The pie chart is perhaps the most ubiquitous statistical chart in the business world and the mass media. However, it has been criticized, and some recommend avoiding it, pointing out in particular that it is difficult to compare different sections of a given pie chart, or to compare data across different pie charts. Pie charts can be an effective way of displaying information in some cases, in particular if the intent is to compare the size of a slice with the whole pie, rather than comparing the slices among them. Pie charts work particularly well when the slices represent 25 to 50% of the data, but in general, other plots such as the bar chart or the dot plot, or non-graphical methods such as tables, may be more adapted for representing certain information.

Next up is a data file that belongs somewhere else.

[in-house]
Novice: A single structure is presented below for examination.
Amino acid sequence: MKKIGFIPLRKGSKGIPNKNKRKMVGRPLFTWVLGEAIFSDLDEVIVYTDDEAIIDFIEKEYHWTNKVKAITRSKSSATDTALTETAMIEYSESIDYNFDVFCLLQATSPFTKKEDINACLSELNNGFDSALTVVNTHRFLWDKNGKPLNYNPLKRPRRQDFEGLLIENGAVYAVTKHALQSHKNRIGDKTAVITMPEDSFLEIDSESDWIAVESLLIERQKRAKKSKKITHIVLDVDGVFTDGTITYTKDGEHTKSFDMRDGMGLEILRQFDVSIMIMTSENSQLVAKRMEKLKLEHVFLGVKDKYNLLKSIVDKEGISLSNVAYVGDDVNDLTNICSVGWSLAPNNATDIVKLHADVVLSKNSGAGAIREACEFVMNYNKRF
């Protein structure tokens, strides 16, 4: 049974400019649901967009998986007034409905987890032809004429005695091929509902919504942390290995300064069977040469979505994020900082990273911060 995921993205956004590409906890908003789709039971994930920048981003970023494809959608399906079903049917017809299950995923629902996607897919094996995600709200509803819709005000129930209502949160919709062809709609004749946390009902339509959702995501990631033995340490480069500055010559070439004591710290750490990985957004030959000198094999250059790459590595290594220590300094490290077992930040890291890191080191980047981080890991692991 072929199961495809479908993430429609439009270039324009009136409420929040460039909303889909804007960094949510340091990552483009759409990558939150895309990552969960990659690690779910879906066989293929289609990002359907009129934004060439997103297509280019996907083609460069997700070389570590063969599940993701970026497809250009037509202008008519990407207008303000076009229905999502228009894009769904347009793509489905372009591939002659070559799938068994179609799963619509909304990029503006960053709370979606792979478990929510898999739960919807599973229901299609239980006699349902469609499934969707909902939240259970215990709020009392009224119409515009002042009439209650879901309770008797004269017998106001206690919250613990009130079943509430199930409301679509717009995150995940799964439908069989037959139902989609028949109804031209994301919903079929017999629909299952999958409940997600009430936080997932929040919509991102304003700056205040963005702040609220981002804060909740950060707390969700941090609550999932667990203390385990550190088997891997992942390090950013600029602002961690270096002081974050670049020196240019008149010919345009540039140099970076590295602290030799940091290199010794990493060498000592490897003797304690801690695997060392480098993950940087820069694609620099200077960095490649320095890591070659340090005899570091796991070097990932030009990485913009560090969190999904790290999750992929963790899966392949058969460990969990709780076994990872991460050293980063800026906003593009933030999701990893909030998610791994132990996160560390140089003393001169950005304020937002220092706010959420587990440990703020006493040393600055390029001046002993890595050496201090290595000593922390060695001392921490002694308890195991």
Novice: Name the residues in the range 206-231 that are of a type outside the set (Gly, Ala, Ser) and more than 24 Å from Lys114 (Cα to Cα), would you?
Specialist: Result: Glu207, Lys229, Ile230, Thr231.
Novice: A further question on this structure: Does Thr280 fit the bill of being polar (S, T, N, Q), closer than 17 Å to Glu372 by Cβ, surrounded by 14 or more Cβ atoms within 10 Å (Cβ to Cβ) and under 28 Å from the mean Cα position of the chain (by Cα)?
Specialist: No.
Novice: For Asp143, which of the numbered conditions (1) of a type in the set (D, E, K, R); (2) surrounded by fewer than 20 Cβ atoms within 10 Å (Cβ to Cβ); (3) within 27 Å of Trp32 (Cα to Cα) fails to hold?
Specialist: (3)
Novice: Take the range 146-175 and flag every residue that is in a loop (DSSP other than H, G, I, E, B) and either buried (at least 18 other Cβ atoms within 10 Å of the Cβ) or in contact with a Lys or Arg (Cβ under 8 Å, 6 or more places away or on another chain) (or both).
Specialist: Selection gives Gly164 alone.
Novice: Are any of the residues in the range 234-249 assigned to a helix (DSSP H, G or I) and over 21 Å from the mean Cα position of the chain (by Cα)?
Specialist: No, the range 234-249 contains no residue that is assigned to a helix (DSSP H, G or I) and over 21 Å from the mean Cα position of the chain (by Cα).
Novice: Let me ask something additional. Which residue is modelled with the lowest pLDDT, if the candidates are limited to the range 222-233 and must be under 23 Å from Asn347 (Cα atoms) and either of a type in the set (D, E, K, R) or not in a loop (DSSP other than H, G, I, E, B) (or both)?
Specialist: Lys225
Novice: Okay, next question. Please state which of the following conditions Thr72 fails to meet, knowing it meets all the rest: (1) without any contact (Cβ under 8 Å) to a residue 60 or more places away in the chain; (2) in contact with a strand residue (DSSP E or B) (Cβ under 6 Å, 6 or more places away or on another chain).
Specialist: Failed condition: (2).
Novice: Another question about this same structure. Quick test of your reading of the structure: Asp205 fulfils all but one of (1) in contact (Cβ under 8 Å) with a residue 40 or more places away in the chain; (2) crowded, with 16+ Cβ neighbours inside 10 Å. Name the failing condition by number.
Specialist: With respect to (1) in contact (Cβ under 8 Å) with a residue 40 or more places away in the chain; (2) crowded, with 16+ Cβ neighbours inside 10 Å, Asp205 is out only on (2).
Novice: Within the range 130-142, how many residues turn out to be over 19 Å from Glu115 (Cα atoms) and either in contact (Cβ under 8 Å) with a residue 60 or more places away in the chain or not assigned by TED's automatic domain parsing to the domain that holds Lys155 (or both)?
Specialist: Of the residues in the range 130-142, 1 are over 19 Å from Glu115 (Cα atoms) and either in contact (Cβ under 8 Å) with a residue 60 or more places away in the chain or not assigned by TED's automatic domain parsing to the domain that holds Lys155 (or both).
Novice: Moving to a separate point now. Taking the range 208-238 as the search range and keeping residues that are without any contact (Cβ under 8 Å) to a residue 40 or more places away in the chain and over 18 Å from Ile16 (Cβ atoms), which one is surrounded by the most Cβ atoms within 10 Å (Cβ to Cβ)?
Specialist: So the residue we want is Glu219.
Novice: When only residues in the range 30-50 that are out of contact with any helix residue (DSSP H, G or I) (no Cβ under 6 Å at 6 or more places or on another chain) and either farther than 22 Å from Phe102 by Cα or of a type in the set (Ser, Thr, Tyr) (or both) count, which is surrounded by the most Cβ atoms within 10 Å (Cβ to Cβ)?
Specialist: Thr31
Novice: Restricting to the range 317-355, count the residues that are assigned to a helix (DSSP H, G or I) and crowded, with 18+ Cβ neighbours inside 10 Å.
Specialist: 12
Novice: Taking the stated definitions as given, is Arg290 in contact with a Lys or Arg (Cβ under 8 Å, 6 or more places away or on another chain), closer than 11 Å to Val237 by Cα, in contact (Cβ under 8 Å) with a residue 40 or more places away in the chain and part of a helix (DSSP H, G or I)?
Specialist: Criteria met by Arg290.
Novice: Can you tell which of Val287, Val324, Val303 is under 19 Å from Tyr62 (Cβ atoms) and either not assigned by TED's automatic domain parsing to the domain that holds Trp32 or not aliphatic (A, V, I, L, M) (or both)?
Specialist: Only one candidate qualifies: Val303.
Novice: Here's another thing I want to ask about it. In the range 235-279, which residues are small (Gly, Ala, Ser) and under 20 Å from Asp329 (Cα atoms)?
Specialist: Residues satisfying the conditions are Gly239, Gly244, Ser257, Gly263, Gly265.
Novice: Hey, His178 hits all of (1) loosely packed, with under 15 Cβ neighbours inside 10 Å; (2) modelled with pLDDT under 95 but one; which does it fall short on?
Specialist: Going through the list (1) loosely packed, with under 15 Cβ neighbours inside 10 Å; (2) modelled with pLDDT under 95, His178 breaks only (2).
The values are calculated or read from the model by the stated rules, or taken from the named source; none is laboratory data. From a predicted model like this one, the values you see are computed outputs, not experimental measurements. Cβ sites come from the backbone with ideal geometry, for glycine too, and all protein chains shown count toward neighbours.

Thursday, February 3, 2011
A pie chart is a circular chart divided into sectors, illustrating proportion. In a pie chart, the arc length of each sector (and consequently its central angle and area), is proportional to the quantity it represents. When angles are measured with 1 turn as unit then a number of percent is identified with the same number of centiturns. Together, the sectors create a full disk. It is named for its resemblance to a pie which has been sliced. The earliest known pie chart is generally credited to William Playfair's Statistical Breviary of 1801.